Lastly, the term ‘arm’s length’ is not defined in the SISA.

Adverse tax consequences for non-arm’s length dealings

The concept of arm’s length also arises in the context of non-arm’s length income. Broadly, s295-550 of the Income Tax Assessment Act 1997 (Cth) (ITAA 1997) states that income is non-arm’s length income if it is derived from a scheme where the parties were not dealing at arm’s length and the income derived by the SMSF is more than might be expected had the parties dealt at arm’s length.

Non-arm’s length income is taxed at a rate aligned with the highest marginal individual tax rate.

Accordingly, this pushes SMSFs towards ensuring their investments are at arm’s length. Non-arm’s length income also means that an SMSF is broadly not able to invest in a way that favours the SMSF and gives greater income to the SMSF than would be arm’s length, despite the quirks discussed in the arm’s length rules.  

This arguably ensures SMSFs invest in a way that their income is neither too much nor too little, so as to comply with the arm’s length rule and not enliven non-arm’s length income.

The ITAA 1997 does not give detailed guidance on what arm’s length means in this instance, stating in s995-1: “in determining whether parties deal at arm's length, consider any connection between them and any other relevant circumstance”.

Non-geared unit trusts and companies

An SMSF is broadly able to invest in a unit trust or company that is controlled within the family group if the unit trust or company falls within the definition of what is informally called a ‘non-geared’ unit trust or company. More technically, these are unit trusts and companies to which regulation 13.22C of the Superannuation Industry (Supervision) Regulations 1994 (Cth) (SISR) applies. These investments will not be in-house assets. Most are aware that unit trusts and companies of this type are restricted and cannot borrow money, loan money to any entity or own any interest in another entity (such as shares or units), etc.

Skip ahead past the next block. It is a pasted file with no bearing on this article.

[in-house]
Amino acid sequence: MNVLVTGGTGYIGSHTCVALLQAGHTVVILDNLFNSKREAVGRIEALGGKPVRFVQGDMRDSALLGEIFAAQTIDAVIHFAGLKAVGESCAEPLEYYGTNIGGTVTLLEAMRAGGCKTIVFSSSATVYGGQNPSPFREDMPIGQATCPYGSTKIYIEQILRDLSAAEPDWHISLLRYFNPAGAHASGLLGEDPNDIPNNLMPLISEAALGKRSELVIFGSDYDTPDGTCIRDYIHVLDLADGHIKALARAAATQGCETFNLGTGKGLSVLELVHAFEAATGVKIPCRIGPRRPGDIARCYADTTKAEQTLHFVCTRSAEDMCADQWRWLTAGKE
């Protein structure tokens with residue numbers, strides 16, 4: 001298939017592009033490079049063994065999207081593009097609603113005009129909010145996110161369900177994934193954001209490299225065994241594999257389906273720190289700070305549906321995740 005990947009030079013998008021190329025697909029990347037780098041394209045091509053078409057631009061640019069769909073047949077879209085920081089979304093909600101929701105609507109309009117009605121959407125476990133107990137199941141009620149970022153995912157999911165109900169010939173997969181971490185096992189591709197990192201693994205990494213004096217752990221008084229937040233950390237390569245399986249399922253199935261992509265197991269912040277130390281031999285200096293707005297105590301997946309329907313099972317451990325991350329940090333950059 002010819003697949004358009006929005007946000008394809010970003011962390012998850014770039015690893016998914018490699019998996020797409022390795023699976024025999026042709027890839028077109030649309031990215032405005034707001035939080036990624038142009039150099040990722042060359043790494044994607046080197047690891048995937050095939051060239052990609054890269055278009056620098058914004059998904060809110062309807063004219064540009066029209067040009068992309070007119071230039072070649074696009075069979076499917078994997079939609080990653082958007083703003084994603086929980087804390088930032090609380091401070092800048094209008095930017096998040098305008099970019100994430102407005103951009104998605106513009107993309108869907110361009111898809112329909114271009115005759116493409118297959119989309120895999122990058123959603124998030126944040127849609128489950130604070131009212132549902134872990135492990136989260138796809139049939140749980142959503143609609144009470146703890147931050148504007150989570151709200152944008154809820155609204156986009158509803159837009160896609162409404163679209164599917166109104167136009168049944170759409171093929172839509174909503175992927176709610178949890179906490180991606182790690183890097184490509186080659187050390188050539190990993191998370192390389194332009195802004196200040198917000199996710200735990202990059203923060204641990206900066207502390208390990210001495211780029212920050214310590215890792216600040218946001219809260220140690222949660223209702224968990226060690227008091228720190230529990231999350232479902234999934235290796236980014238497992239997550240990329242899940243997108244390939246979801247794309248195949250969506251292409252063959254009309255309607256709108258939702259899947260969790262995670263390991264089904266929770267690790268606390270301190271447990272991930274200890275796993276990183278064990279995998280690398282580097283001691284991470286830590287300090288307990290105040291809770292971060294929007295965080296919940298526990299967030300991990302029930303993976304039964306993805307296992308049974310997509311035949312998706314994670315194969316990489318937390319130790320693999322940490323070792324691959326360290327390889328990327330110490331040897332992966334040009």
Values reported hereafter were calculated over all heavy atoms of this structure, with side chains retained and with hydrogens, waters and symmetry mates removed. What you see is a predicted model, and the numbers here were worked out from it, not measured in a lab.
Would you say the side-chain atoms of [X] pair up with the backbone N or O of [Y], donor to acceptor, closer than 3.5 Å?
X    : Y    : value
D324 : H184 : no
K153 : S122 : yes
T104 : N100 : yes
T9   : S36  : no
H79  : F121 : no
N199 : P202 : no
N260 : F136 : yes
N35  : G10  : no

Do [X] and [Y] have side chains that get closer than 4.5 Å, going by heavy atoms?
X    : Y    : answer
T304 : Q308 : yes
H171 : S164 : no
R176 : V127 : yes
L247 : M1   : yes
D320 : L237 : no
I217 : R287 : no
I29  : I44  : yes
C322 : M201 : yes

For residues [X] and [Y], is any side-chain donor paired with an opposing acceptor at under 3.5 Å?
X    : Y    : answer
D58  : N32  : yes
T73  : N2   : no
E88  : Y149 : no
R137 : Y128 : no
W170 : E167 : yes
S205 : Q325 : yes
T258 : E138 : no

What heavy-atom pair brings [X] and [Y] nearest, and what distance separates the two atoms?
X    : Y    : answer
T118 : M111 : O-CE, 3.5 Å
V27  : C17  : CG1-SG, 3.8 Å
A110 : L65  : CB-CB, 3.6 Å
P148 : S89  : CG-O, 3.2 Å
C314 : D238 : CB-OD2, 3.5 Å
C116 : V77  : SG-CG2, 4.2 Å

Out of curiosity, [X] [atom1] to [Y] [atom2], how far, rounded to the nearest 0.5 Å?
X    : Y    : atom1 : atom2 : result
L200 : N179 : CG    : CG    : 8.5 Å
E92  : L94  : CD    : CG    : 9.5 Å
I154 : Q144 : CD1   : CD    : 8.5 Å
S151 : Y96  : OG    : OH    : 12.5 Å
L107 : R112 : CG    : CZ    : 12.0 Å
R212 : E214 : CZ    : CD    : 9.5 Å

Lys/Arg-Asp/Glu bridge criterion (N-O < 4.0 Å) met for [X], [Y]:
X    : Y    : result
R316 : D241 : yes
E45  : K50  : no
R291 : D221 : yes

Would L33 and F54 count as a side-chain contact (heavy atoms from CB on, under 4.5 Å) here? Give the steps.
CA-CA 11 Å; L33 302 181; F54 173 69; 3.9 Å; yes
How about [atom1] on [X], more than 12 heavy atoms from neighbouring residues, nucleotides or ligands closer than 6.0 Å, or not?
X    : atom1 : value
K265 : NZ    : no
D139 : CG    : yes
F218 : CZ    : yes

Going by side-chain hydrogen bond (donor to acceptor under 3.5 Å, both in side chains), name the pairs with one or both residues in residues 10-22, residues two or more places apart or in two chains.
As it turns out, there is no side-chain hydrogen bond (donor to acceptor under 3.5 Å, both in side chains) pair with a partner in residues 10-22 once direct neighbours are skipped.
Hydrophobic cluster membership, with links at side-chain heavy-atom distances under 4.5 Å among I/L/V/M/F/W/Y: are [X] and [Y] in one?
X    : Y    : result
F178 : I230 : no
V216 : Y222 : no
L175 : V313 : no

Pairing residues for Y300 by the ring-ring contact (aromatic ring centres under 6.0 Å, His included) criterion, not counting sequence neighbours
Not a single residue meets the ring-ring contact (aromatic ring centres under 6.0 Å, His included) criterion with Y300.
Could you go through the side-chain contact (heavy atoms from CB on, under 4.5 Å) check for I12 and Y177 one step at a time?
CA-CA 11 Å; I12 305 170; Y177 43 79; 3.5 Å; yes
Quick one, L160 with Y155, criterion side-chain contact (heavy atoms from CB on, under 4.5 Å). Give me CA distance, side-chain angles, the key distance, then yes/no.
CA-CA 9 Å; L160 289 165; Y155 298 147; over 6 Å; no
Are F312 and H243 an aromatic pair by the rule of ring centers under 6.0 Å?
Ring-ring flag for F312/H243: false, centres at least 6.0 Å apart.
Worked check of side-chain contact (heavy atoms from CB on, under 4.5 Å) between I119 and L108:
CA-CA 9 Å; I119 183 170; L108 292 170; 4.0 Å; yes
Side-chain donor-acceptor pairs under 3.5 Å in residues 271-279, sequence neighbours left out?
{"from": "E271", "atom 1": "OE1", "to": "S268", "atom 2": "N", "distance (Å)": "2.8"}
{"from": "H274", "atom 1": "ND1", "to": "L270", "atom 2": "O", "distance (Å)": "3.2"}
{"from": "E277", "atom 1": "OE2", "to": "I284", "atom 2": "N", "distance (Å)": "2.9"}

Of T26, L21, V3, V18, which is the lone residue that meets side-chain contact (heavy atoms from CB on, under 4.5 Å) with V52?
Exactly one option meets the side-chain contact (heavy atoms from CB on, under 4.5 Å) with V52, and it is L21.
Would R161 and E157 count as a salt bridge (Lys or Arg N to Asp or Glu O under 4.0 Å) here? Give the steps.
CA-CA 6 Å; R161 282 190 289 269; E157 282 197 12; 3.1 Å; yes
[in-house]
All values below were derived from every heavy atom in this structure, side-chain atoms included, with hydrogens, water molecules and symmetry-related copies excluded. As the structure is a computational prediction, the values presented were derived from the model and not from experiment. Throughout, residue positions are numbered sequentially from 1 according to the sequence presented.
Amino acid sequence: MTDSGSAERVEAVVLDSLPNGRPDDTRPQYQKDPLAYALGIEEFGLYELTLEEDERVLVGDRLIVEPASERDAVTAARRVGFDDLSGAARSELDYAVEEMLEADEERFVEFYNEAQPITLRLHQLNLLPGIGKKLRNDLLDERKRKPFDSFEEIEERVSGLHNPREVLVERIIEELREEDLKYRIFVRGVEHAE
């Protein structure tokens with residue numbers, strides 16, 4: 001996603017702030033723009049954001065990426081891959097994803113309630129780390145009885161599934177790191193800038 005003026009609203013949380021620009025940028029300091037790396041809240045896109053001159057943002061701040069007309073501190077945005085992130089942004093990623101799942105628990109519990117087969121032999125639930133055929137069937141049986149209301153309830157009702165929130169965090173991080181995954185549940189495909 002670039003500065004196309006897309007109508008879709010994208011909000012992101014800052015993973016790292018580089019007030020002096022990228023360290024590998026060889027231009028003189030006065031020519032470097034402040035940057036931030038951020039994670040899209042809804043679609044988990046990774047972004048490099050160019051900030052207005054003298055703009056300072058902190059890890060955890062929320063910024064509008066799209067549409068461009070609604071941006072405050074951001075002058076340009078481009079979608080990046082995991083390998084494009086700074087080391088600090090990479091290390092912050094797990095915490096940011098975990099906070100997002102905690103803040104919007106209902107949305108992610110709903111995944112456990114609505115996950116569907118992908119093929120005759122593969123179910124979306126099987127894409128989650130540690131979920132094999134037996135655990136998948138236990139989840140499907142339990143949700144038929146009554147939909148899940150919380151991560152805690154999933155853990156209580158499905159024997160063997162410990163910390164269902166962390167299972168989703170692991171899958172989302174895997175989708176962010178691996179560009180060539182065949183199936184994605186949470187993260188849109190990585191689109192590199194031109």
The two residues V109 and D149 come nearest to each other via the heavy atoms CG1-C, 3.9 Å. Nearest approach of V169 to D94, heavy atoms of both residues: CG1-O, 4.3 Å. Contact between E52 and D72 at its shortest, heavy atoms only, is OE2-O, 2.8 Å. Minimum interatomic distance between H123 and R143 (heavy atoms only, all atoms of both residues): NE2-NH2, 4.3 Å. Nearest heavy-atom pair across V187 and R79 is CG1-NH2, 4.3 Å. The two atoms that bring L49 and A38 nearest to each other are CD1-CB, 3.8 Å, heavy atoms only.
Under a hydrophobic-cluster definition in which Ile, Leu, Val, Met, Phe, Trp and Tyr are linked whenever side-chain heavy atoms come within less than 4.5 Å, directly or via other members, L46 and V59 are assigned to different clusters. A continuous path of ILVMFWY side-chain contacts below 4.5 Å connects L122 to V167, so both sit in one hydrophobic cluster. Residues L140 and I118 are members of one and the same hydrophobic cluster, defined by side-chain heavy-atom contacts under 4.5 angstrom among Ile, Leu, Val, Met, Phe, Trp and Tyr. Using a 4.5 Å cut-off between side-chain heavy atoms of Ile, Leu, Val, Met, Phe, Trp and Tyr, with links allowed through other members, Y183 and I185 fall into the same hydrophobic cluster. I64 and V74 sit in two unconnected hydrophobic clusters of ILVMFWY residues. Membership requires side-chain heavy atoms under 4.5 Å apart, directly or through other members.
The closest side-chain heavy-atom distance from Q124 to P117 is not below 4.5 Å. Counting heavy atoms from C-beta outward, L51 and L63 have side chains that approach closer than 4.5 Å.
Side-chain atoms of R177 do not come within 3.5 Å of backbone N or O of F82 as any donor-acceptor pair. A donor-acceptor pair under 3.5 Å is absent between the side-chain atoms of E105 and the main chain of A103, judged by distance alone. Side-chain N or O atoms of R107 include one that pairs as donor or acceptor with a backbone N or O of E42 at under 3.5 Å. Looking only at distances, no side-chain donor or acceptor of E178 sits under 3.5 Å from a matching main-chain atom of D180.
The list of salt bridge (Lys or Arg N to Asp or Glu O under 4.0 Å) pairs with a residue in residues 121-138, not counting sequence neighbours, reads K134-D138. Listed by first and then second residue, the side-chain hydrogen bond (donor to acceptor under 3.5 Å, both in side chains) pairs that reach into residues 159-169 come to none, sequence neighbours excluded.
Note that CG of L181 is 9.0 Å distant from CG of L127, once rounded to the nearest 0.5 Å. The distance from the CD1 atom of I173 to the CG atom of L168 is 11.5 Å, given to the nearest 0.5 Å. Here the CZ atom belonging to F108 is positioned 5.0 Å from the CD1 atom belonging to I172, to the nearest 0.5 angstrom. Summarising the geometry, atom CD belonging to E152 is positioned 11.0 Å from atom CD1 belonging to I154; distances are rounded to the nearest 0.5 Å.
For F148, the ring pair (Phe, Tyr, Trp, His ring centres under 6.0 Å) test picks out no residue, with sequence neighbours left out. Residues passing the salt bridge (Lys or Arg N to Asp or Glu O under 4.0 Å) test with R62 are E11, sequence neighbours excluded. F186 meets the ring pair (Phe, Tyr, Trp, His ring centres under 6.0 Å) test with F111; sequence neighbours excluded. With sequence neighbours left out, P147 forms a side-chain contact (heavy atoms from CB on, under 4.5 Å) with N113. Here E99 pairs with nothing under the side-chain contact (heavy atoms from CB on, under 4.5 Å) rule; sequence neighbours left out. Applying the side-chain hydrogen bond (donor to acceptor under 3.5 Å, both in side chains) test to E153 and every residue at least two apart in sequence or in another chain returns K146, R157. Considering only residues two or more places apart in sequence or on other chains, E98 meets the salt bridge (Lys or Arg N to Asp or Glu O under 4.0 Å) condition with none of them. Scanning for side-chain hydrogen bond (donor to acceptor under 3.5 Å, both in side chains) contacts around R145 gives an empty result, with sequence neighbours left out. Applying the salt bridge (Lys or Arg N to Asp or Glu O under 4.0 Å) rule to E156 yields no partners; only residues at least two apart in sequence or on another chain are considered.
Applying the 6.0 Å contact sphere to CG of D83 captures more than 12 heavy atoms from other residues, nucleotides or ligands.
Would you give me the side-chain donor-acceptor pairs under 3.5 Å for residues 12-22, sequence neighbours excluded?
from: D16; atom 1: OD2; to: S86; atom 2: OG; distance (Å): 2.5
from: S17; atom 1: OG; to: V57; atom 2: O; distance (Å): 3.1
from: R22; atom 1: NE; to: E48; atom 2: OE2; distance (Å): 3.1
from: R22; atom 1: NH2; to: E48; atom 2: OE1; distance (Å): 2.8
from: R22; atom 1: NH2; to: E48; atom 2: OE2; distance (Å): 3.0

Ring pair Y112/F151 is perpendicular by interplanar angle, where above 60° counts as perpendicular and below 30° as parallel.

However, one feature that is sometimes forgotten is that any transaction that is not on an arm’s length basis will trigger the unit trust or company becoming an in-house asset. Once any of the specified trigger events such as this occur, the unit trust or company is tainted and can never again be excepted from being an in-house asset for that SMSF (regulation 13.22C(3) of the SISR).

Acquiring business real property and other assets from a related party

For the purposes of this article, a final area in which the requirement to deal at arm’s length arises is in s66 of the SISA, which states broadly that SMSF trustees must not intentionally acquire an asset from a related party. The most commonly known exception to this is that business real property (and certain other assets) can be acquired if the SMSF has fewer than five members and the business real property is acquired at market value. Market value is in turn defined to mean (s10 of the SISA) the amount that a willing buyer of the asset could reasonably be expected to pay to acquire the asset from a willing seller if the following assumptions were made:

(a) That the buyer and the seller dealt with each other at arm’s length in relation to the sale;

(b) That the sale occurred after proper marketing of the asset; and

(c) That the buyer and the seller acted knowledgeably and prudentially in relation to the sale.

The above is a very specific guide to follow in determining value, with only on aspect of it referring to the concept of arm’s length.

Conclusion 

As the above provisions of the law demonstrate, the law and the interpretations of it have caused the idea of arm’s length dealings to be inescapable in adhering to superannuation law compliance. It is particularly important to note this in relation to the sole purpose test, which often causes trouble in interpretation.

David Oon, senior associate, and Gary Chau, lawyer, DBA Lawyers